It is ironic that the Delhi chief minister and a number of top leaders of his party have found themselves in jail in connection to corruption, something that the AAP always vowed to fight. But this was perhaps not too surprising, because the AAP is perhaps the only party that can pose a challenge to Modi’s formidable BJP in the long run from now.

Kejriwal, convener of the AAP, looks to be the only opposition leader at the moment who can go on to create a counter narrative in Indian politics, something more senior campaigners such as Rahul Gandhi of the Congress, Mamata Banerjee of the Trinamool Congress or Sharad Pawar of the Nationalist Congress Party are unlikely to achieve.

AAP rare regional party to be in power in two states

For one, Kejriwal is young, well-educated (a trait still considered rare among Indian politicians), runs a government and leads a party that aspires to be a national force. Unlike many older regional parties, the AAP has already been in power in more than one state in the era of Modi wave and that’s no mean achievement.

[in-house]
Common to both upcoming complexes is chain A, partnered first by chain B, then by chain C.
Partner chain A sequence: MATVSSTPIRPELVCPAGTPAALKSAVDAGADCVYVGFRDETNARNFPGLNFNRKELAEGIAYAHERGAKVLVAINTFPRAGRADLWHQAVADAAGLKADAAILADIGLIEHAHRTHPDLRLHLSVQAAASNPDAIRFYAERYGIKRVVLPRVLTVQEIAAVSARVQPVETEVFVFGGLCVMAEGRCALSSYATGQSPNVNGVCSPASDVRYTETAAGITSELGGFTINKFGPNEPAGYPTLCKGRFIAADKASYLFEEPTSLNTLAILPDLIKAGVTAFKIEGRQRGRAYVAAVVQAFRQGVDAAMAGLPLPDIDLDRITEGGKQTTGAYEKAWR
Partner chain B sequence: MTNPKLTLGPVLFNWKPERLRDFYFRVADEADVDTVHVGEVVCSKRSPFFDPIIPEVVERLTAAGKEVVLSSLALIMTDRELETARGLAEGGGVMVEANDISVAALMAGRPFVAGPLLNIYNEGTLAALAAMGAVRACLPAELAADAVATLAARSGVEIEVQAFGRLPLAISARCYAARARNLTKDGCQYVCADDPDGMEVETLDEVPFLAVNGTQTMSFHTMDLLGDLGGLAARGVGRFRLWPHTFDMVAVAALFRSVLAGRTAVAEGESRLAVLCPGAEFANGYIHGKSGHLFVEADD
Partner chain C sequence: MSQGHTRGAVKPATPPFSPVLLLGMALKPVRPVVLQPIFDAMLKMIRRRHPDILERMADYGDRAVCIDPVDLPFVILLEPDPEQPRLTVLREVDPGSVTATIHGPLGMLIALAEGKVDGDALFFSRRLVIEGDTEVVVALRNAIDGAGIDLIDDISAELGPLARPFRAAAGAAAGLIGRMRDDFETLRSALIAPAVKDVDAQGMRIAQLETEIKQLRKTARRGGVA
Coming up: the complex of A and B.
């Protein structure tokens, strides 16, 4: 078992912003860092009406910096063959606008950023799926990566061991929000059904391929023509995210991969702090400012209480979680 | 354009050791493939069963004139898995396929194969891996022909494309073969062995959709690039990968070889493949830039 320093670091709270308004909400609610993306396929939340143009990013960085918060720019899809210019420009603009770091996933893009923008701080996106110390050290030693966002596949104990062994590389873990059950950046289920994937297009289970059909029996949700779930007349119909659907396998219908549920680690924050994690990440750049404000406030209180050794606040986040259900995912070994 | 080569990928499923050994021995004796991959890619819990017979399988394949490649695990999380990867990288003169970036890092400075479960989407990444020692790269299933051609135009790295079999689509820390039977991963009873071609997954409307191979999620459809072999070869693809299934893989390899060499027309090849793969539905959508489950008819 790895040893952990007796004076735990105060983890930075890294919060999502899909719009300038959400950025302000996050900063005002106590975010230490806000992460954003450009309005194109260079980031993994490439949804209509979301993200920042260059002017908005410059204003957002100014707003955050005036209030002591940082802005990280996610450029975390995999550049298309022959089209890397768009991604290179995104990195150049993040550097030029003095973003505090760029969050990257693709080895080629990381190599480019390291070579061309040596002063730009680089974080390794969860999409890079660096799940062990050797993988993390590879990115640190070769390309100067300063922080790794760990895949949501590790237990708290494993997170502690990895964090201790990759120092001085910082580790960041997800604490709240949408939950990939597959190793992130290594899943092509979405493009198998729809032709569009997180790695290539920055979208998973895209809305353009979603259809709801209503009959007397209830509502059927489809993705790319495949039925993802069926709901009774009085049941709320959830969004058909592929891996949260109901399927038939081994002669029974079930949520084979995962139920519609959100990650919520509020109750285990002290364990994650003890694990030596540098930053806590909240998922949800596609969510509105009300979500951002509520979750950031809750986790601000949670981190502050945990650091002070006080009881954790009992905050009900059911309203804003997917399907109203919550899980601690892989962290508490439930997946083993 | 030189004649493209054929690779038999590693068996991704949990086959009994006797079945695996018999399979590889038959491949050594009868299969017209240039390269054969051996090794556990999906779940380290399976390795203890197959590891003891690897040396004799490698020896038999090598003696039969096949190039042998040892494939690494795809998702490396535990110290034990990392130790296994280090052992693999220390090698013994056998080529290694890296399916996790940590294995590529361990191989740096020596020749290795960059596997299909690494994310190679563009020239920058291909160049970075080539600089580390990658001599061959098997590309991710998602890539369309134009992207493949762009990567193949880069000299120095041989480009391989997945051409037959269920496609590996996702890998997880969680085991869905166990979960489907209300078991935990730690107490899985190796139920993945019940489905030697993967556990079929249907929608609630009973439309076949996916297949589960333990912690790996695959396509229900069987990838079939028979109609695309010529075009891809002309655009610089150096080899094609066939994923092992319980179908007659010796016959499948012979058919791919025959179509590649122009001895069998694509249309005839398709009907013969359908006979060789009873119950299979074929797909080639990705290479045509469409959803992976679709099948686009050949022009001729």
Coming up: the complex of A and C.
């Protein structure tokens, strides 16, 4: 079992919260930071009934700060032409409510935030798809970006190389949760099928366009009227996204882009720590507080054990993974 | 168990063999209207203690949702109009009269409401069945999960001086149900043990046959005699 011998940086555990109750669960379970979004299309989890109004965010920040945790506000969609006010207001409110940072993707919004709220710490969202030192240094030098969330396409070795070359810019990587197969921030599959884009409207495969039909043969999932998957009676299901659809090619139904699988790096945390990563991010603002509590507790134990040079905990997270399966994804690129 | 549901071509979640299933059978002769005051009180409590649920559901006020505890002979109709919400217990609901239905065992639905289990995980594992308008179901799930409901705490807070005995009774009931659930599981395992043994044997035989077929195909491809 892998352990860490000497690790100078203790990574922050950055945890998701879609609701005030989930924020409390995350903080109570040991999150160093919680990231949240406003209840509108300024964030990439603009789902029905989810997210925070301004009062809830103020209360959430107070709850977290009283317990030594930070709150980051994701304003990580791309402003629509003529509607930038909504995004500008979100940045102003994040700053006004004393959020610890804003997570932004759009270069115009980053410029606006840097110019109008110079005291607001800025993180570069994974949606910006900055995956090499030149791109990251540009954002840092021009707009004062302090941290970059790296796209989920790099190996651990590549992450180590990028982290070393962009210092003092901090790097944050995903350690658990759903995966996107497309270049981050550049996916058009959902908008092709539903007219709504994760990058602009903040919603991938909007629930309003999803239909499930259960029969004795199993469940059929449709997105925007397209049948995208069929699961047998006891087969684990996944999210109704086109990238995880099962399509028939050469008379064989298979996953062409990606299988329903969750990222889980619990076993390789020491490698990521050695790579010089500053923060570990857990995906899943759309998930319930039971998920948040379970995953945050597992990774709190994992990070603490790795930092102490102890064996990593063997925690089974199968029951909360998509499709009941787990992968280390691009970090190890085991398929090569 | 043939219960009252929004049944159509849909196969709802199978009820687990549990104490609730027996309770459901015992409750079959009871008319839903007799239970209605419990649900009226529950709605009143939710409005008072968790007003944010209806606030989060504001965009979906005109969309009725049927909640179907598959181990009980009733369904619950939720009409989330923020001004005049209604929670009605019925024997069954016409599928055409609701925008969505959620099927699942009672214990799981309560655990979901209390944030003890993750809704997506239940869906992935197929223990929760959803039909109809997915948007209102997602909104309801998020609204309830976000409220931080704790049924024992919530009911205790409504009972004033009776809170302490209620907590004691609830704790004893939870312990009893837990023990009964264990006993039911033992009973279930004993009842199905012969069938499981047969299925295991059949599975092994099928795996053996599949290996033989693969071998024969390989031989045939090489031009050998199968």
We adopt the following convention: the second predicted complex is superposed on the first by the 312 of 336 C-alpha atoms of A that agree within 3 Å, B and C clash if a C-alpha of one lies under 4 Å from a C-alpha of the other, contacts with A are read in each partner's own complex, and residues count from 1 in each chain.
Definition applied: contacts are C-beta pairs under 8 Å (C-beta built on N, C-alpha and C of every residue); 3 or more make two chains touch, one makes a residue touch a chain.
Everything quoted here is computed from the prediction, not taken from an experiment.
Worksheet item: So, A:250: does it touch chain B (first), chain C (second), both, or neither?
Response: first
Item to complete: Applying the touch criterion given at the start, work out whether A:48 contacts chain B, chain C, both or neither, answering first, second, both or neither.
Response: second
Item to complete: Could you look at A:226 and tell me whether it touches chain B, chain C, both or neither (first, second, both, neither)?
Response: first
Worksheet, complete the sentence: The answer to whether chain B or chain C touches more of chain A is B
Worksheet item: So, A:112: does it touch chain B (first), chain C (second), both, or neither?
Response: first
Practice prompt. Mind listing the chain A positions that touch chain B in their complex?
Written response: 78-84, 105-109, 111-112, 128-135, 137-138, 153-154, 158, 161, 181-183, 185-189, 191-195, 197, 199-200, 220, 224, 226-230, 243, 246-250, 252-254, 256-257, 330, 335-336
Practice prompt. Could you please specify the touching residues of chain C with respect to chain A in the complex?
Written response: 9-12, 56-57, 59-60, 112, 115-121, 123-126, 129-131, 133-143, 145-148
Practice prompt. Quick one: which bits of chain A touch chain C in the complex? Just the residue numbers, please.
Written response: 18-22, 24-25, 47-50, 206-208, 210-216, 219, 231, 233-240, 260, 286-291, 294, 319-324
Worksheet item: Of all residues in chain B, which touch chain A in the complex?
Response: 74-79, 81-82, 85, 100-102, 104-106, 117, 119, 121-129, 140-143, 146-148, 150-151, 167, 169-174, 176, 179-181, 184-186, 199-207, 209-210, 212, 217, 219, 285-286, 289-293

In Delhi, where the top brass of the BJP live, Kejriwal’s AAP has denied the Hindu nationalist party a taste of power in three successive elections. While Modi’s party has hammered it in the general elections in Delhi, it has succeeded little in curbing the AAP government’s popularity earned through welfare schemes in the small state.

Indian National Congress leader Rahul Gandhi (second from left) and Aam Aadmi Party leader Arvind Kejriwal
Indian National Congress leader Rahul Gandhi (second from left) and Aam Aadmi Party leader and Delhi chief minister Arvind Kejriwal (ANI Photo/Shrikant Singh)

Also like Modi, Kejriwal is one of those few Indian politicians today who has a decent following among the youngsters.